# Contents

## Idea

A system in formal logic is called inconsistent if it admits a proof of a contradiction (that is, usually, a proof of false, or an inhabitant of the empty type).

Accordingly an axiom is called inconsistent or to lead to an inconsistency if adding it to an (implicitly understood) ambient logical system makes that system inconsistent.

In most usual logical systems, it follows that an inconsistent system admits a proof of every proposition, by the rule ex falso quodlibet (which is just the elimination rule for the empty type). For this reason, sometimes (especially in type theory), the adjective “inconsistent” is used to mean a system with this property instead. If we want to distinguish, then a system which admits a proof of every proposition may be called trivial.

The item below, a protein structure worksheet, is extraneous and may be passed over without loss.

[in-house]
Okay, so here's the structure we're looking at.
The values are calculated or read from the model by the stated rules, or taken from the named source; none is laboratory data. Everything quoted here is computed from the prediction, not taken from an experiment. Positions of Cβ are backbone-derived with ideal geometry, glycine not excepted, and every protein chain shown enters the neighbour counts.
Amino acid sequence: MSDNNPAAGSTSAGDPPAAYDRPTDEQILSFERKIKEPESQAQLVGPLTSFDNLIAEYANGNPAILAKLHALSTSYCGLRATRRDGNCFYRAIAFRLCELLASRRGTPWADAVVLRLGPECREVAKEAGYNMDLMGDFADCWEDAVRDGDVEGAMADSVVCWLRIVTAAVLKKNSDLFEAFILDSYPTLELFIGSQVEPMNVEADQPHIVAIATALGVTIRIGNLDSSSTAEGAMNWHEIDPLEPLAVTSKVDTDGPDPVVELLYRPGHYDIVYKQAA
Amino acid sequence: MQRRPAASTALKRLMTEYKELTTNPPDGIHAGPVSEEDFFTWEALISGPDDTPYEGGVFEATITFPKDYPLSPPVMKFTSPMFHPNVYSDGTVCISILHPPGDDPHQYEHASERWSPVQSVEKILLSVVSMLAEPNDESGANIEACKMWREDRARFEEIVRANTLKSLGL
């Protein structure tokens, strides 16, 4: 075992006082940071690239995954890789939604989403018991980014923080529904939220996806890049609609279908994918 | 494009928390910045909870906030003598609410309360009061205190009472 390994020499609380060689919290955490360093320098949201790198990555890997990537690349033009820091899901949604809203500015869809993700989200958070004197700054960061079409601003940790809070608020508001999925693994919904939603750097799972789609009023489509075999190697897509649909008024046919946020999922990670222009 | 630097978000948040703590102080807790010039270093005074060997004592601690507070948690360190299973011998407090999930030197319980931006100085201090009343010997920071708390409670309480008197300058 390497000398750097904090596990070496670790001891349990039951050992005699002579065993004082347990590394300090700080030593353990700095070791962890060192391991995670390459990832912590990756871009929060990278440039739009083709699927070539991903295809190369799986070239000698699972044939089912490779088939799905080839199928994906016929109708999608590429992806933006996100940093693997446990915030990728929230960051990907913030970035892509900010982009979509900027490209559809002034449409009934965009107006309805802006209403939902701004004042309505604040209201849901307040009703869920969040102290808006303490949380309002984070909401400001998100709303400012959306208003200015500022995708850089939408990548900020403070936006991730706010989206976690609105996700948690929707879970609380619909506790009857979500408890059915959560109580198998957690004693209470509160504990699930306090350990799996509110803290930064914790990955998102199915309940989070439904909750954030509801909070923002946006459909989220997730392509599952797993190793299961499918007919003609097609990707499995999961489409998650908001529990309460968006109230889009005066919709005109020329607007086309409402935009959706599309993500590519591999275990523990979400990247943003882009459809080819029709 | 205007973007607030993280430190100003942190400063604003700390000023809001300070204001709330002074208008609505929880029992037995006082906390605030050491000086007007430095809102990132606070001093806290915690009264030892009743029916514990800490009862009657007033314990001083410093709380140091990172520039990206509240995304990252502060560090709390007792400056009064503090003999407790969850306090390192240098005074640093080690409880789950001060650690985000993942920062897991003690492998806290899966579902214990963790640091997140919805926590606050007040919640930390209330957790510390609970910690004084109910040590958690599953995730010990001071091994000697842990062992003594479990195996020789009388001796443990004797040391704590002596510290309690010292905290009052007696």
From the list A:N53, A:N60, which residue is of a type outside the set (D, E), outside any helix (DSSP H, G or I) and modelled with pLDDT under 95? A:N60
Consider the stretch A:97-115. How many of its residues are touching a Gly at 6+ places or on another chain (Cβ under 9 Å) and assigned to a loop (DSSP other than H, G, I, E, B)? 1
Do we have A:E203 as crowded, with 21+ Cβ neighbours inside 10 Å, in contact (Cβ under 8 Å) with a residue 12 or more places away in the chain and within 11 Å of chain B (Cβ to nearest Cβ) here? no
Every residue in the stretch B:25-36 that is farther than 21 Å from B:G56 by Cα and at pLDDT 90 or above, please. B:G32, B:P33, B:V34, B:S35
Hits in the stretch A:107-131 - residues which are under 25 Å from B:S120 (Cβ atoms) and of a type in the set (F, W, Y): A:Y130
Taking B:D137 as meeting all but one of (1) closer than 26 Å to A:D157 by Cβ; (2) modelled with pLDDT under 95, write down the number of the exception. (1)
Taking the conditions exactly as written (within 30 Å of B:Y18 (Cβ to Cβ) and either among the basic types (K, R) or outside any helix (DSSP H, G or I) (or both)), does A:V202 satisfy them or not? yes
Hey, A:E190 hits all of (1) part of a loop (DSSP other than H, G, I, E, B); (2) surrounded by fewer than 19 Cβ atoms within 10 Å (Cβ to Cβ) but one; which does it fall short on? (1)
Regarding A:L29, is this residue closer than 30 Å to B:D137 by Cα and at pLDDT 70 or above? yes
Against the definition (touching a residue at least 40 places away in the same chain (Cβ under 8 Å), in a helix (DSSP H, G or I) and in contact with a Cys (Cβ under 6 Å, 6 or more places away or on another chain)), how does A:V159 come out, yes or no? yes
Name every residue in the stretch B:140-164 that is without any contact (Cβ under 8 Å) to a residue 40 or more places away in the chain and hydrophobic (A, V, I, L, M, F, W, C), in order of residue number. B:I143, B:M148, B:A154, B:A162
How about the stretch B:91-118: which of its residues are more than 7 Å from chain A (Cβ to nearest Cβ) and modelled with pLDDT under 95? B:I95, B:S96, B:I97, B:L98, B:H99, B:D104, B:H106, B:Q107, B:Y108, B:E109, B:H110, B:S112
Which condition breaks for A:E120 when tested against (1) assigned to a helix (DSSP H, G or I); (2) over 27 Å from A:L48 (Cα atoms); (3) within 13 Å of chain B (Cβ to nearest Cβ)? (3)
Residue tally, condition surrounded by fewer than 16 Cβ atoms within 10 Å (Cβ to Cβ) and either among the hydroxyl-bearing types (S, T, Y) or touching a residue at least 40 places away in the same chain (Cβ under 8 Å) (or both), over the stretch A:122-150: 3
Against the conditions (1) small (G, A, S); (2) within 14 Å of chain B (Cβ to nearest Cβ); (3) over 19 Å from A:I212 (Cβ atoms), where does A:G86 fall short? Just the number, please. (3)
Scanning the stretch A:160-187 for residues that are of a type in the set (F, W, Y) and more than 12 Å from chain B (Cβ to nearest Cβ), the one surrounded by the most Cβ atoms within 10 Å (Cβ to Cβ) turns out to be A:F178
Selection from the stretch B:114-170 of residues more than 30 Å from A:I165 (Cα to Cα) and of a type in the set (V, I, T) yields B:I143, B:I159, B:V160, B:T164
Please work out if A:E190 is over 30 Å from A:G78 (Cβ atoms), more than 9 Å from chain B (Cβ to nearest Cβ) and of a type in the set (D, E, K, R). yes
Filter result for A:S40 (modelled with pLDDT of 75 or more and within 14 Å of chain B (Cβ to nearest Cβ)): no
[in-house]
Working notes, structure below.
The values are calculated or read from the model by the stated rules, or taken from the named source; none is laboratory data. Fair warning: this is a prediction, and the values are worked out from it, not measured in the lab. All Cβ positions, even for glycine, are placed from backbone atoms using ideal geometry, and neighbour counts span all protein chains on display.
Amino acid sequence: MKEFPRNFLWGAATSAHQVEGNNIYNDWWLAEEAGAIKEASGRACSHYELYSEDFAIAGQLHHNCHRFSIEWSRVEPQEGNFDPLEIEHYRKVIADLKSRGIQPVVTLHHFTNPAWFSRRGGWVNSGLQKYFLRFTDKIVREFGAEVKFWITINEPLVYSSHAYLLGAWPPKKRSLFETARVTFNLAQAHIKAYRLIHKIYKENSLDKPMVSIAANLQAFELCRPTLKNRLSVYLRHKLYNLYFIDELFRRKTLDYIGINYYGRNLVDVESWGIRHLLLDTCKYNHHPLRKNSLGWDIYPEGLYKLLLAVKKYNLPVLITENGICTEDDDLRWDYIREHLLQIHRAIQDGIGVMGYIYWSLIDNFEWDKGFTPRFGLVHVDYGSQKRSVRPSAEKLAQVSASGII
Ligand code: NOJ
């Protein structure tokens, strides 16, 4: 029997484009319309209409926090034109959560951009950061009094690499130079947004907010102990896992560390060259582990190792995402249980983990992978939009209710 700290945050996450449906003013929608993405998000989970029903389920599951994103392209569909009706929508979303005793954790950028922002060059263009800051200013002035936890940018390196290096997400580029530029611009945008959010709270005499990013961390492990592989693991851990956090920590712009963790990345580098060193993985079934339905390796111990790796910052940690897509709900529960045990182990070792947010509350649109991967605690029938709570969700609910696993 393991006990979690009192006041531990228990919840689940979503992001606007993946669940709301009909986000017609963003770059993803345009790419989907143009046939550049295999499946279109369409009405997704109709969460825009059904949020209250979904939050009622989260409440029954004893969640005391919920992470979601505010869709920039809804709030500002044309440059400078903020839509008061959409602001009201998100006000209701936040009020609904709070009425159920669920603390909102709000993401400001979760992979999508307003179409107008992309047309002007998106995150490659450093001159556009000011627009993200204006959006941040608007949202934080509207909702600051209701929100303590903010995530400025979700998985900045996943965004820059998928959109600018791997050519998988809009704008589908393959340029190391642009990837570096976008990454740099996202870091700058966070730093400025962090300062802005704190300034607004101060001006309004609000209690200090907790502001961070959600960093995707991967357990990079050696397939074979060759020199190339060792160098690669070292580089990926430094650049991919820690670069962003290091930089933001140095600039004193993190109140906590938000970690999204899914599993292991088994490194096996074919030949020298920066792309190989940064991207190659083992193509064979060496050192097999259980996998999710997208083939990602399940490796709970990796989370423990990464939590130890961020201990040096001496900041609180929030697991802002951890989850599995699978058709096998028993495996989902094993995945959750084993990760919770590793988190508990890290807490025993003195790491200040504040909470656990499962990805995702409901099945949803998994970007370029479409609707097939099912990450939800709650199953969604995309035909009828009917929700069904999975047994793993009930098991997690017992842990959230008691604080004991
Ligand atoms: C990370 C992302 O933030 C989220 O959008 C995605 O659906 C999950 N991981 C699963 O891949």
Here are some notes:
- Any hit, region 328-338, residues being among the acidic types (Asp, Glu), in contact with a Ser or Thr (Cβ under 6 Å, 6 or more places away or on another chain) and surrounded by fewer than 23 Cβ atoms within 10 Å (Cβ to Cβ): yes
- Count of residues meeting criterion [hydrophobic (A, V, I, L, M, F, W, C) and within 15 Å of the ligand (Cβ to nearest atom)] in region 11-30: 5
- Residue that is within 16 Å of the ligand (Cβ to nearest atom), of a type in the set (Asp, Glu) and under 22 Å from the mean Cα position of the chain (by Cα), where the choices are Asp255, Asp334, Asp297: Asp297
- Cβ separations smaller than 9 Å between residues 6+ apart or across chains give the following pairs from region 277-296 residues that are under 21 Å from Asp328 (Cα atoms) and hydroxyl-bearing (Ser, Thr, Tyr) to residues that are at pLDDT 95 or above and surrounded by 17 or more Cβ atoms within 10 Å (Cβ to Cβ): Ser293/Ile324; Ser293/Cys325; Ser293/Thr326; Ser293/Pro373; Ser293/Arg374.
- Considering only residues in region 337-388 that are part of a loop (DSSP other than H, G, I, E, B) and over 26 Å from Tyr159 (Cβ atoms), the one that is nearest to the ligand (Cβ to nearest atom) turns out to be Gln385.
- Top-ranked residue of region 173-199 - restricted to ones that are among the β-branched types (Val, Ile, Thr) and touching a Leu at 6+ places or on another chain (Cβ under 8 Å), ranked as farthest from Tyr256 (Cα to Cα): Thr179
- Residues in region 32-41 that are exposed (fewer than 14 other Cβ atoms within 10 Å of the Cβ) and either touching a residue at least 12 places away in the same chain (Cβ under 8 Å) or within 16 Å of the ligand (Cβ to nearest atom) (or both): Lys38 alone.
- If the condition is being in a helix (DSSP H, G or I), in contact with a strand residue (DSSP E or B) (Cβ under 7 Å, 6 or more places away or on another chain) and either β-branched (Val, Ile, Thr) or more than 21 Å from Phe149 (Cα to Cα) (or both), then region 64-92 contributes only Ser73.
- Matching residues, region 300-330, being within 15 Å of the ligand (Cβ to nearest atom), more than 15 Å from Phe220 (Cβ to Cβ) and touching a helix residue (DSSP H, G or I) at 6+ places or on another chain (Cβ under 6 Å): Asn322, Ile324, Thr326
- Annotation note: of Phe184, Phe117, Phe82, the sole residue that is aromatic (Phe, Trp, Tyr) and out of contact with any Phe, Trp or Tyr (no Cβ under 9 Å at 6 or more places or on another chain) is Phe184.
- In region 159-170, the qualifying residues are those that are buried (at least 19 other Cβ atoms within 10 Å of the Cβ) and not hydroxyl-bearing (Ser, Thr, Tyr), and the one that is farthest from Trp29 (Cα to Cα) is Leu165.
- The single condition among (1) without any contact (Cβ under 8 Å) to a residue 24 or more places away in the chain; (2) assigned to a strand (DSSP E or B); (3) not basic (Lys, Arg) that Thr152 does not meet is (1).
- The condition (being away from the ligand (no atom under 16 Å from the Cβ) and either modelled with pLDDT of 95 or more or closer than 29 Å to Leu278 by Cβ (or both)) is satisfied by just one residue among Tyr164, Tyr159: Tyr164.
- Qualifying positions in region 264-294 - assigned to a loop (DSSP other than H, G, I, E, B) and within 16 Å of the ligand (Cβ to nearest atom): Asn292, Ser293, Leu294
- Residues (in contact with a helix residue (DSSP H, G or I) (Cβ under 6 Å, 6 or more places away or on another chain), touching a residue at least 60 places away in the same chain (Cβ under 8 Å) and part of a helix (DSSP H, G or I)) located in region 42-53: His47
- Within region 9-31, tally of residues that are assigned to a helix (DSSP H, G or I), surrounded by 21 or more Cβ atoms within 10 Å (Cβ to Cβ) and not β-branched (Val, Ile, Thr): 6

As a further complication, a paraconsistent logic is often described as ‘inconsistent but not trivial’. However, many paraconsistent logics (such as dual-intuitionistic logic?) admit ex falso quadlibet and fail to prove $\bot$; their ‘inconsistency’ is a proof of $p \wedge \neg{p}$ (or two proofs, one of $p$ and one of $\neg{p}$), which then fails to entail $\bot$. We thus get three distinct levels of inconsistency: * triviality (proving everything), * proving a statement identified as $\bot$, * proving $p$ and $\neg{p}$ for some statement $p$ and using an operator identified as negation.

## Examples

Revised on February 24, 2014 13:08:45 by Toby Bartels (64.89.53.235)